Keet applied the "Page 99 Test" to their new book, The Tokyo Look Book: Stylish to Spectacular, Goth to Gyaru, Sidewalk to Catwalk, and reported the following:
The Tokyo Look Book presents a wide range of fashions, not in any narrative or chronological structure, but through various stylistic groupings. In a sense, therefore, what is on p.99 can give little or no idea of the looks to be found throughout the rest of the book which include everything from gothic lolita gear to business suits. Having said that, the designer interview which starts on p.99 is a particularly apt encapsulation of some of book’s thematic undercurrents. The designer of Takuya Angel laments the lack of traditionally Japanese clothing modes in Tokyo today, as well as expressing anxiety about the state of society in general. He sees his spectacular designs, combining traditional shapes and patterns with futuristic club gear, as connected with such concerns. Not everyone pictured in the book may feel the same way, but looking through it, there are certainly some extreme styles that may represent a certain unease present in Tokyo youth culture.Learn more about the book and its creators at The Tokyo Look Book website, blog, and MySpace page.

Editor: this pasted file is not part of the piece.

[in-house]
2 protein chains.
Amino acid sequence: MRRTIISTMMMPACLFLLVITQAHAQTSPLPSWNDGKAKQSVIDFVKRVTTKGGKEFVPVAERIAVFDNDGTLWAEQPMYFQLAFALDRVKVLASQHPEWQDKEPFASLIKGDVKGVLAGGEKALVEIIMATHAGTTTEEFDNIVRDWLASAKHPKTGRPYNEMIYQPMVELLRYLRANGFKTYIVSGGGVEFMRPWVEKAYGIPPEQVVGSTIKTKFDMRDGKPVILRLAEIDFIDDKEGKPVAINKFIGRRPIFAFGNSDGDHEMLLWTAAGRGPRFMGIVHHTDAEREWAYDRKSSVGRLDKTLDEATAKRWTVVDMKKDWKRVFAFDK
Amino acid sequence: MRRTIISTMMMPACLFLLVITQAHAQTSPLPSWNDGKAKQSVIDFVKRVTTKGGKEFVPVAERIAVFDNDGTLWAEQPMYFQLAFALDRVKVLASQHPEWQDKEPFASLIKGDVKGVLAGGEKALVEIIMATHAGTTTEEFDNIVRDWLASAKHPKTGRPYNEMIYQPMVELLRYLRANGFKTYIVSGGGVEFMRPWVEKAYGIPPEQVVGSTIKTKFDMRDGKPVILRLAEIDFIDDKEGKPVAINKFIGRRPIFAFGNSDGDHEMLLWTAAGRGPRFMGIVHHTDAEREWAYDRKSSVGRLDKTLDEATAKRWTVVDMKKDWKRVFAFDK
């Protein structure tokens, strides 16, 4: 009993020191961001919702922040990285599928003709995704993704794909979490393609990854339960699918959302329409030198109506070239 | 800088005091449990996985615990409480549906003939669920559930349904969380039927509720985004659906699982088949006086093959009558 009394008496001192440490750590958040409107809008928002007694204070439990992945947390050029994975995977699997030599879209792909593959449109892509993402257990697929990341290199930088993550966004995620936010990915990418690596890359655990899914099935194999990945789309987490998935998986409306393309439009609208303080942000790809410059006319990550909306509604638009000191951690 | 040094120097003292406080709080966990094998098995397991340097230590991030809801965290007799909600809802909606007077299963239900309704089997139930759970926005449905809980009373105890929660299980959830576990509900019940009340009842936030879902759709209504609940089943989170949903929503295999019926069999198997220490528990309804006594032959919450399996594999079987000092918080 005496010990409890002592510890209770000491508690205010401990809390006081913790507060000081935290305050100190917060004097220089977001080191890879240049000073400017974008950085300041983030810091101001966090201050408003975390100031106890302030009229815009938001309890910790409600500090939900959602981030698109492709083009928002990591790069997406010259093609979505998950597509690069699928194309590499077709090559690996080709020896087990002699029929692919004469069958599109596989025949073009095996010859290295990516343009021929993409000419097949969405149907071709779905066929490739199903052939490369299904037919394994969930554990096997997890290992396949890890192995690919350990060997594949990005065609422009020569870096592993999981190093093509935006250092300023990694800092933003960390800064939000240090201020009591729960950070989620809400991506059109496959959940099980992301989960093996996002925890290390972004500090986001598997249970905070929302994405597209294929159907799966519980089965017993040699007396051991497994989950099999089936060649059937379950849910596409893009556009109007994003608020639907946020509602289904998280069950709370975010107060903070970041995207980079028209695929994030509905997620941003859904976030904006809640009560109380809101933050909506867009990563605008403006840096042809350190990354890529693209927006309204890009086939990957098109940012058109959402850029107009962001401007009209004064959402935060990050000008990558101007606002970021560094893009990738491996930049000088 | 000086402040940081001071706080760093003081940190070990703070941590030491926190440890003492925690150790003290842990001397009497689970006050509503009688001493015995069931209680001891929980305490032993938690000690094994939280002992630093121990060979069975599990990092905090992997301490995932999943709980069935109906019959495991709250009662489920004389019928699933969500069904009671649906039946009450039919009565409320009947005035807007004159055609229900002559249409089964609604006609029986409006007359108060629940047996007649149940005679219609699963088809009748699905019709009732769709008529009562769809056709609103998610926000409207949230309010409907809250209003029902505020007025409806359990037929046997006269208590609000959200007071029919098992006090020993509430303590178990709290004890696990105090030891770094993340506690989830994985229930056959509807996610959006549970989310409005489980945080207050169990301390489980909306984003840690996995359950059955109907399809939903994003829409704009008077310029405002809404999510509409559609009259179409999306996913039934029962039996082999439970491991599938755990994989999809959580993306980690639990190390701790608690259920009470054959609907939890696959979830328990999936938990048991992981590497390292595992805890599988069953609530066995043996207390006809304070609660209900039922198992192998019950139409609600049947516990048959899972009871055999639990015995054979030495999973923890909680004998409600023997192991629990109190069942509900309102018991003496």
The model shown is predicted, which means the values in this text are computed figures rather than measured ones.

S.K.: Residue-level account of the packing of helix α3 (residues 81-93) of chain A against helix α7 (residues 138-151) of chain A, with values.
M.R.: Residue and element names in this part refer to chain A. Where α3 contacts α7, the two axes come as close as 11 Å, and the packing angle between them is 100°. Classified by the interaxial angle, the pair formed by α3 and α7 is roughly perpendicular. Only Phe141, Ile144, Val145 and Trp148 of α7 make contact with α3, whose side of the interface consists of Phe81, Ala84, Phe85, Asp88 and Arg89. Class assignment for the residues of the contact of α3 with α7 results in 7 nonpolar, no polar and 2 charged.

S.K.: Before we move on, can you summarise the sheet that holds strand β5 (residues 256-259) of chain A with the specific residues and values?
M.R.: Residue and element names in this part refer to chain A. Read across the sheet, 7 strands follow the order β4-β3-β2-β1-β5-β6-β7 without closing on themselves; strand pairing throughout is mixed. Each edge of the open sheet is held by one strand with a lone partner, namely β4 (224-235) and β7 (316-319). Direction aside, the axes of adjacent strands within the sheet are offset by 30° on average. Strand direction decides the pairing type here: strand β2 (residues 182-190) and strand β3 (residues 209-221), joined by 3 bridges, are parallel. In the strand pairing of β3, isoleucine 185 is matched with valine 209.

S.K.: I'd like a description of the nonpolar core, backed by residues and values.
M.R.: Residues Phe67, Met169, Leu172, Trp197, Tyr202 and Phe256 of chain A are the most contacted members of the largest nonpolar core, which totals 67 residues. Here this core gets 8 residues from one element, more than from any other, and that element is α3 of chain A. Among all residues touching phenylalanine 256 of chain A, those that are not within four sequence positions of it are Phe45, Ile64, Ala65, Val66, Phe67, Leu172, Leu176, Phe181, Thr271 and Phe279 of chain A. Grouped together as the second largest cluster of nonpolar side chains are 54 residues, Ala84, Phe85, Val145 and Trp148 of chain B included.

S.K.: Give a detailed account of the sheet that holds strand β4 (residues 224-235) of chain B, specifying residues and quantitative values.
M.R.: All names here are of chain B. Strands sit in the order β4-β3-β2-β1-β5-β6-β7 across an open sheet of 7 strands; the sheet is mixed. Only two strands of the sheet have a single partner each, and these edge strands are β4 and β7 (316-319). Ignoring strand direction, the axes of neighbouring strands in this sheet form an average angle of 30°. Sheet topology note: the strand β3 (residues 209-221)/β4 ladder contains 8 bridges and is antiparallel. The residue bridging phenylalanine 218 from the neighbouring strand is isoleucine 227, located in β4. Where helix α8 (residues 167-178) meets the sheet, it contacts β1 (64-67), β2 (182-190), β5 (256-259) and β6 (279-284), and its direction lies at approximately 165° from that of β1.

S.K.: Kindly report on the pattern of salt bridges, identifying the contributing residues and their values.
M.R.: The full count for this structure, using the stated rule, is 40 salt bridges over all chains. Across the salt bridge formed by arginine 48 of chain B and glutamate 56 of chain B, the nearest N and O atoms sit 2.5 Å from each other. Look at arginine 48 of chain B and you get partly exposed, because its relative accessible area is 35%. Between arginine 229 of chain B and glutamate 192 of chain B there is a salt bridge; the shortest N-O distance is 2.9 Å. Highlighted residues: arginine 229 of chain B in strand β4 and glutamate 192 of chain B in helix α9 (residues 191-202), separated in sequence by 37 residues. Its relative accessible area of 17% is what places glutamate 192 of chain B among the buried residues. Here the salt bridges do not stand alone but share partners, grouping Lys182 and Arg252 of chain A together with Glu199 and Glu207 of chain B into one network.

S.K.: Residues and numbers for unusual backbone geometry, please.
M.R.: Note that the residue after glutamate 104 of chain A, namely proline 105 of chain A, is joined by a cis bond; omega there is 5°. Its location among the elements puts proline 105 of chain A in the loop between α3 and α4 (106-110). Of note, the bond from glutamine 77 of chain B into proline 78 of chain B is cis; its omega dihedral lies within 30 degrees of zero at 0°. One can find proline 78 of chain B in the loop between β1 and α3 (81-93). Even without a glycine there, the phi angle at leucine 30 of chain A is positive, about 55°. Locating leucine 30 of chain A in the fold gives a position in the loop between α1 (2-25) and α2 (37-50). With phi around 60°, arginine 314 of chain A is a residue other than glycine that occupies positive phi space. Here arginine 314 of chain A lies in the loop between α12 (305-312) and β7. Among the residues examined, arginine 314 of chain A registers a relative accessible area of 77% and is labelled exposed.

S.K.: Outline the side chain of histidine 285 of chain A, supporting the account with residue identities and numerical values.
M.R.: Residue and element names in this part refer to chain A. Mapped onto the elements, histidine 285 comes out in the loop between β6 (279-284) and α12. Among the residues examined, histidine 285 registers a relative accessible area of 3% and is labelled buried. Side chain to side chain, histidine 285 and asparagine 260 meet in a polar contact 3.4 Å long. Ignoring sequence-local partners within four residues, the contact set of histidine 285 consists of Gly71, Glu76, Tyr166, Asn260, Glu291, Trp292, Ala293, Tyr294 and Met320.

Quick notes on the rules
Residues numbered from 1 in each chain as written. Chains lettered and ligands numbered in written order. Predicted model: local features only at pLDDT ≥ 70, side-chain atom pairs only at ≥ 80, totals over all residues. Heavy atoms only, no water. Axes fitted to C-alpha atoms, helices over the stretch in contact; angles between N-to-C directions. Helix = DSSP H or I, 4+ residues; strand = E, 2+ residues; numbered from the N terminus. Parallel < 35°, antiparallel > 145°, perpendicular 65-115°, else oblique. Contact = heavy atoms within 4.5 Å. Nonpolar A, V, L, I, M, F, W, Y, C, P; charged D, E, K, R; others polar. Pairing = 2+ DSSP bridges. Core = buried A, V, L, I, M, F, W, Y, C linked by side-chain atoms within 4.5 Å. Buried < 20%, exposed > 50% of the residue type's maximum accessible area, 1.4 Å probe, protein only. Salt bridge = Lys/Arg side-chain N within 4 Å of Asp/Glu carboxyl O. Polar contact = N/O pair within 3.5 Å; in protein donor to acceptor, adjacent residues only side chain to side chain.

P.99 happens to have quite a lot of text on it, since it contains an interview with a designer, of which there are 13 throughout the book. Chapter introductions are also text heavy, but otherwise most pages have more space devoted to photos than text. Each photo has a caption to it that describes the clothes in the picture as well as the person wearing them. I knew the designer Takuya before I started the book and his clothes are one of the reasons I became interested in Tokyo street fashion in the first place, so I’m glad he was on p.99! He’s as good an introduction to the book as any.